News!Here’s a quick look at what’s on deck for Monday. The most significant items are Manager’s Agenda #1-6, the appropriation and loan authorization orders for capital budget items totaling $67,200,000. There’s also an appropriation order of $6,000,000 in Manager’s Agenda #10 "to facilitate necessary initial capital improvements to the Foundry building." After the Public Comment period (and hopefully starting at the scheduled time) there will be a 7:00pm public hearing on a proposal by the City of Cambridge to dispose of a long-term leasehold interest in the Foundry Property at 101 Rogers Street to the Cambridge Redevelopment Authority (CRA) and on a request for diminution of the full disposition process.

Here are the big ticket items:

Manager’s Agenda #1. Transmitting communication from Richard C. Rossi, City Manager, relative to an order requesting the appropriation and authorization to borrow $37,750,000 to provide funds for various water pollution abatement projects, including construction of sewer separation, storm water management and combined sewer overflow reduction elimination improvements within the City’s Agassiz Neighborhood, Alewife Watershed, Area IV Neighborhood, and Harvard Square areas as well as the Sewer Capital Repairs Program.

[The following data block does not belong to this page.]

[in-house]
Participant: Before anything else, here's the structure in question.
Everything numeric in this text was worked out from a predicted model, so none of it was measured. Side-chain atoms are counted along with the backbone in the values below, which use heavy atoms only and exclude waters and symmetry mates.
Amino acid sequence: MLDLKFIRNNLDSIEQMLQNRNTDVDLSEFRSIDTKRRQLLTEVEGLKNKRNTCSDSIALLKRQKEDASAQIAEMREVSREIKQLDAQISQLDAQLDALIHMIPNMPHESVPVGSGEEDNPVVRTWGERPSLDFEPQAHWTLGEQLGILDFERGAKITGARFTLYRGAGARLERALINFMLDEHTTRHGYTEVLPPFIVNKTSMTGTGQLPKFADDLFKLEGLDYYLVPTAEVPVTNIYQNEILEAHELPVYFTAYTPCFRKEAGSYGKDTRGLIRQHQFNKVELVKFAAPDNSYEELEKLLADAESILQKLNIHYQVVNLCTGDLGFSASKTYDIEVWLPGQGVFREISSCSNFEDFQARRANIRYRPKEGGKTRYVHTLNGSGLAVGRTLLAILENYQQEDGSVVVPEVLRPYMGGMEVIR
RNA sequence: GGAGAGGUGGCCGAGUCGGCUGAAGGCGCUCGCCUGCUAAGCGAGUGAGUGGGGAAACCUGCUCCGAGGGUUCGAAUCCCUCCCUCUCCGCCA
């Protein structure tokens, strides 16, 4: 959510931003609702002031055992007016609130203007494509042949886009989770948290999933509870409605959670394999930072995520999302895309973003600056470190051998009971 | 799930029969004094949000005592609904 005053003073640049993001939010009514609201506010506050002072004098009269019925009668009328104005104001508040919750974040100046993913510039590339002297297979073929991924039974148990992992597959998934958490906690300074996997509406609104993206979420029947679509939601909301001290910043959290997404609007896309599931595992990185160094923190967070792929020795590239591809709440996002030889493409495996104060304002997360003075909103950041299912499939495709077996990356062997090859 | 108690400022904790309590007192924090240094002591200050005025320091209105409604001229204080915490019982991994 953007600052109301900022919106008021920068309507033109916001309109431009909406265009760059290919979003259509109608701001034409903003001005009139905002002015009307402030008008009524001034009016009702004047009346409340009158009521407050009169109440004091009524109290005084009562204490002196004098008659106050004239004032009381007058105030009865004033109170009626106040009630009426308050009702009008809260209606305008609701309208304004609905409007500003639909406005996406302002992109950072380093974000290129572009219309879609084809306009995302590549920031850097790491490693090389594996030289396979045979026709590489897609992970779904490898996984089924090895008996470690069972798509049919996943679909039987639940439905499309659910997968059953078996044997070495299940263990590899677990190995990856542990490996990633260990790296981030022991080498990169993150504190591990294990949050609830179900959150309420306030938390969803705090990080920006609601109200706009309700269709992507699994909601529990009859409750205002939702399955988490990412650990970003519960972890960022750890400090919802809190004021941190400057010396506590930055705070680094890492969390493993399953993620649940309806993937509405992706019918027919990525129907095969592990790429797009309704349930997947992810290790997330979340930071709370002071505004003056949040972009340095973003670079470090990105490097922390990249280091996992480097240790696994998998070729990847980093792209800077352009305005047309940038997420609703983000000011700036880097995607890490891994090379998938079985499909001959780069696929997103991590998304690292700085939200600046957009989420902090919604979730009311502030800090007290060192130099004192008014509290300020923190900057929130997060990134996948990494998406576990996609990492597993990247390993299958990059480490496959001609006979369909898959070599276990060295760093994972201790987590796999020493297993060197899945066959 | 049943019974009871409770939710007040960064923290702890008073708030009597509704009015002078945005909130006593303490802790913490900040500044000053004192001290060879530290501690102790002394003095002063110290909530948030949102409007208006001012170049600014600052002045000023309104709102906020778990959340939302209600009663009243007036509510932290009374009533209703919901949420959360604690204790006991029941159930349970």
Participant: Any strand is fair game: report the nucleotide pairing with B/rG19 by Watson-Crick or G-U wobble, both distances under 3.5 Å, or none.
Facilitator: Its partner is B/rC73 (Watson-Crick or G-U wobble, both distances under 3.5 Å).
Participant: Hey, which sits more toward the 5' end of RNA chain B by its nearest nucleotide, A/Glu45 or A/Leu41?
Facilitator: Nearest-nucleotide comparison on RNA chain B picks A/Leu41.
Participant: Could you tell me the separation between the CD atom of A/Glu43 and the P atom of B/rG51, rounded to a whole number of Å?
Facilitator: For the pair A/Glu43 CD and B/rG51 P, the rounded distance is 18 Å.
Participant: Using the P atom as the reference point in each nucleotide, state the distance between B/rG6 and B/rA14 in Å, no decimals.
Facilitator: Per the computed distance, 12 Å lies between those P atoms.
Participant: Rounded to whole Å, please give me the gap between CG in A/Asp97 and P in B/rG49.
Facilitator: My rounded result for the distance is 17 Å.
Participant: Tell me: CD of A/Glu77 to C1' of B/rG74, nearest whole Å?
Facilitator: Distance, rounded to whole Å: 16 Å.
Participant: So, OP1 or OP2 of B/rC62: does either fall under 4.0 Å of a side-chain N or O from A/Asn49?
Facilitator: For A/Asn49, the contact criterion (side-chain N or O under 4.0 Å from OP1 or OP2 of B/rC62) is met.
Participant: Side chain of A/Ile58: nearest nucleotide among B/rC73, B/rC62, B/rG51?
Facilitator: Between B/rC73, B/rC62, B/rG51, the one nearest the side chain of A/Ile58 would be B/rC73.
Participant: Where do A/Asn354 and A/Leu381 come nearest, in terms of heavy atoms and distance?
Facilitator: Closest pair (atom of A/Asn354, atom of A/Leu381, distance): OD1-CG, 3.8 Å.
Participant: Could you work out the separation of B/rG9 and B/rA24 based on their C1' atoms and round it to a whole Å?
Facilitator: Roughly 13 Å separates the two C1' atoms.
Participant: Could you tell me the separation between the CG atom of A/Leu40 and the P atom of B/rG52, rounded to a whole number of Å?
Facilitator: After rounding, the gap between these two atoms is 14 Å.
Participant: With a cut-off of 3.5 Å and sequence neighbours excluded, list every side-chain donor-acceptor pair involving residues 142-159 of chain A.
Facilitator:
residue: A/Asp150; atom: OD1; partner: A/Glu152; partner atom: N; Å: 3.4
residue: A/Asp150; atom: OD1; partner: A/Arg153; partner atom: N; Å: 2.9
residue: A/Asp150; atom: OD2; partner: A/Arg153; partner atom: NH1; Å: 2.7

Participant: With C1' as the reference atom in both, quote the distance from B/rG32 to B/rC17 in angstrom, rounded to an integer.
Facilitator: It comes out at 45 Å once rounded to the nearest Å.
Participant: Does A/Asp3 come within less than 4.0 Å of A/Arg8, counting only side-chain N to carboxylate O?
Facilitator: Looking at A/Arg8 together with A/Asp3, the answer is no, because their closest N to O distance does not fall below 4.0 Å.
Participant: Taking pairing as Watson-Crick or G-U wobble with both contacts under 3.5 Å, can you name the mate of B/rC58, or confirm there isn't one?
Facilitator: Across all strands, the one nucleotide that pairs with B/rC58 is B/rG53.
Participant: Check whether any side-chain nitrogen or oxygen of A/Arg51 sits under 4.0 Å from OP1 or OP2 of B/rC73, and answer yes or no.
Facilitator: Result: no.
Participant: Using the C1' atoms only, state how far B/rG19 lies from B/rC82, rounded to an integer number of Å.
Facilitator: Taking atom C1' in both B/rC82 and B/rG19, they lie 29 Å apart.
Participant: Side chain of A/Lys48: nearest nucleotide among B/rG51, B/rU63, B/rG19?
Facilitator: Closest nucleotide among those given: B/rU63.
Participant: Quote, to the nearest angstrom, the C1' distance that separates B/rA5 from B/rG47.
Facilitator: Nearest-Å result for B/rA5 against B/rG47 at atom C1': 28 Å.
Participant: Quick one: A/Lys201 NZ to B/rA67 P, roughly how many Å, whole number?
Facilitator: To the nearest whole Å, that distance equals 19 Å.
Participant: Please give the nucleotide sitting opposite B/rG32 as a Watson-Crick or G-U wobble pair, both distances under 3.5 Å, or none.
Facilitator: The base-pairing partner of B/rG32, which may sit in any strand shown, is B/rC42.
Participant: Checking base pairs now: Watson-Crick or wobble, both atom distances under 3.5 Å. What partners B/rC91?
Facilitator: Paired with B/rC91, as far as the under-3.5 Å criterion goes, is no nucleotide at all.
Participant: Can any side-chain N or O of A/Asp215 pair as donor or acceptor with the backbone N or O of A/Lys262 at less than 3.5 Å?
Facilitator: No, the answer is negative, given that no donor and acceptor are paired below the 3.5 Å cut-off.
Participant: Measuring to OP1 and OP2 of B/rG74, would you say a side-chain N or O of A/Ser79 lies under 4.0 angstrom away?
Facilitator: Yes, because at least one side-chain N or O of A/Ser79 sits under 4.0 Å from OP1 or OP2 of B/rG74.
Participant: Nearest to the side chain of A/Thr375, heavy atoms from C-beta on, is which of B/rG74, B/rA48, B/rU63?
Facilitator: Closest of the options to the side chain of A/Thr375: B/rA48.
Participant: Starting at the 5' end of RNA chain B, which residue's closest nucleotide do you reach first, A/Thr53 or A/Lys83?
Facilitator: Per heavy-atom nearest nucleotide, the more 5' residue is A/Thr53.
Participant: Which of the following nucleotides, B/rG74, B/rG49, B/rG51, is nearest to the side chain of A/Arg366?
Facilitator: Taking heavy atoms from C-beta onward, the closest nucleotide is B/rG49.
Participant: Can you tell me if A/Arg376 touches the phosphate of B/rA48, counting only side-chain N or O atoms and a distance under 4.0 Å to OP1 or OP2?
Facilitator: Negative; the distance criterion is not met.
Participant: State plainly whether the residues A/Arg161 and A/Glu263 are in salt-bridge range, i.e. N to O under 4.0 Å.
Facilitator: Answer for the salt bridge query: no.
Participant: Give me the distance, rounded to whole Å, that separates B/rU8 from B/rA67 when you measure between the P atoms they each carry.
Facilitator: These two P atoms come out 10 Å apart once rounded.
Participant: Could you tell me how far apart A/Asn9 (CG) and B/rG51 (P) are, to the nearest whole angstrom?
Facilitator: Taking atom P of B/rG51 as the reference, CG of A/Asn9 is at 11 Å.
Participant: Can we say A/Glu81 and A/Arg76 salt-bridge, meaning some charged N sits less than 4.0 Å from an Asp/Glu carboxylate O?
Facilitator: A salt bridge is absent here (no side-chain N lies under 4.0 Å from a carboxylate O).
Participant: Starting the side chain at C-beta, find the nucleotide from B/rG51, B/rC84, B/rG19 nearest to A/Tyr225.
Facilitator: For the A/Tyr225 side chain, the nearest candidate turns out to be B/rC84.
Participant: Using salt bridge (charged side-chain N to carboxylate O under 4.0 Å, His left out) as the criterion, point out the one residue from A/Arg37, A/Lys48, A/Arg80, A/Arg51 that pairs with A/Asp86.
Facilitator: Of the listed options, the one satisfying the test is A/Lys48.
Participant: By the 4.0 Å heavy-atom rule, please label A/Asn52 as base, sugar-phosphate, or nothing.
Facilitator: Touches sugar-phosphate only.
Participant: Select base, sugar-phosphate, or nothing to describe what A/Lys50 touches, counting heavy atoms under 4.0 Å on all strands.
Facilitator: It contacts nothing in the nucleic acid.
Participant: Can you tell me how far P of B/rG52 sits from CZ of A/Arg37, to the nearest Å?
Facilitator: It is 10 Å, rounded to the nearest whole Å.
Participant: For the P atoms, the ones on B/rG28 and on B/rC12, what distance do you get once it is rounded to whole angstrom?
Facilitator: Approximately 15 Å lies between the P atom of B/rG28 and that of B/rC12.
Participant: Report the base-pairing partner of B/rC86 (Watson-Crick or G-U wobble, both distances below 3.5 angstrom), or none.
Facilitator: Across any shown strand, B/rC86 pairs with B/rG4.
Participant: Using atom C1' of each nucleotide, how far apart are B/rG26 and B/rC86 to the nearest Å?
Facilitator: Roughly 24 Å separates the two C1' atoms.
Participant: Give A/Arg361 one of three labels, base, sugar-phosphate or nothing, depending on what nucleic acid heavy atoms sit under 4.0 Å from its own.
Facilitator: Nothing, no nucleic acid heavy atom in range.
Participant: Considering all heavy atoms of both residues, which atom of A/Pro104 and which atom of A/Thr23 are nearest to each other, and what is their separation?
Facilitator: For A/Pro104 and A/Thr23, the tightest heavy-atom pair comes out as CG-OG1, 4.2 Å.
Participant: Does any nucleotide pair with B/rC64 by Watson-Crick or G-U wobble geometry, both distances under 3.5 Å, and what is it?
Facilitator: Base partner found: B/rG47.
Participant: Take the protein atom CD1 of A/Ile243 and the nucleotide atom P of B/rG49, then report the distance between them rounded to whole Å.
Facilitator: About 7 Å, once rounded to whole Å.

Manager’s Agenda #2. Transmitting communication from Richard C. Rossi, City Manager, relative to an order requesting the appropriation and authorization to borrow $5,000,000 to provide funds for a Comprehensive Facilities Improvement Plan.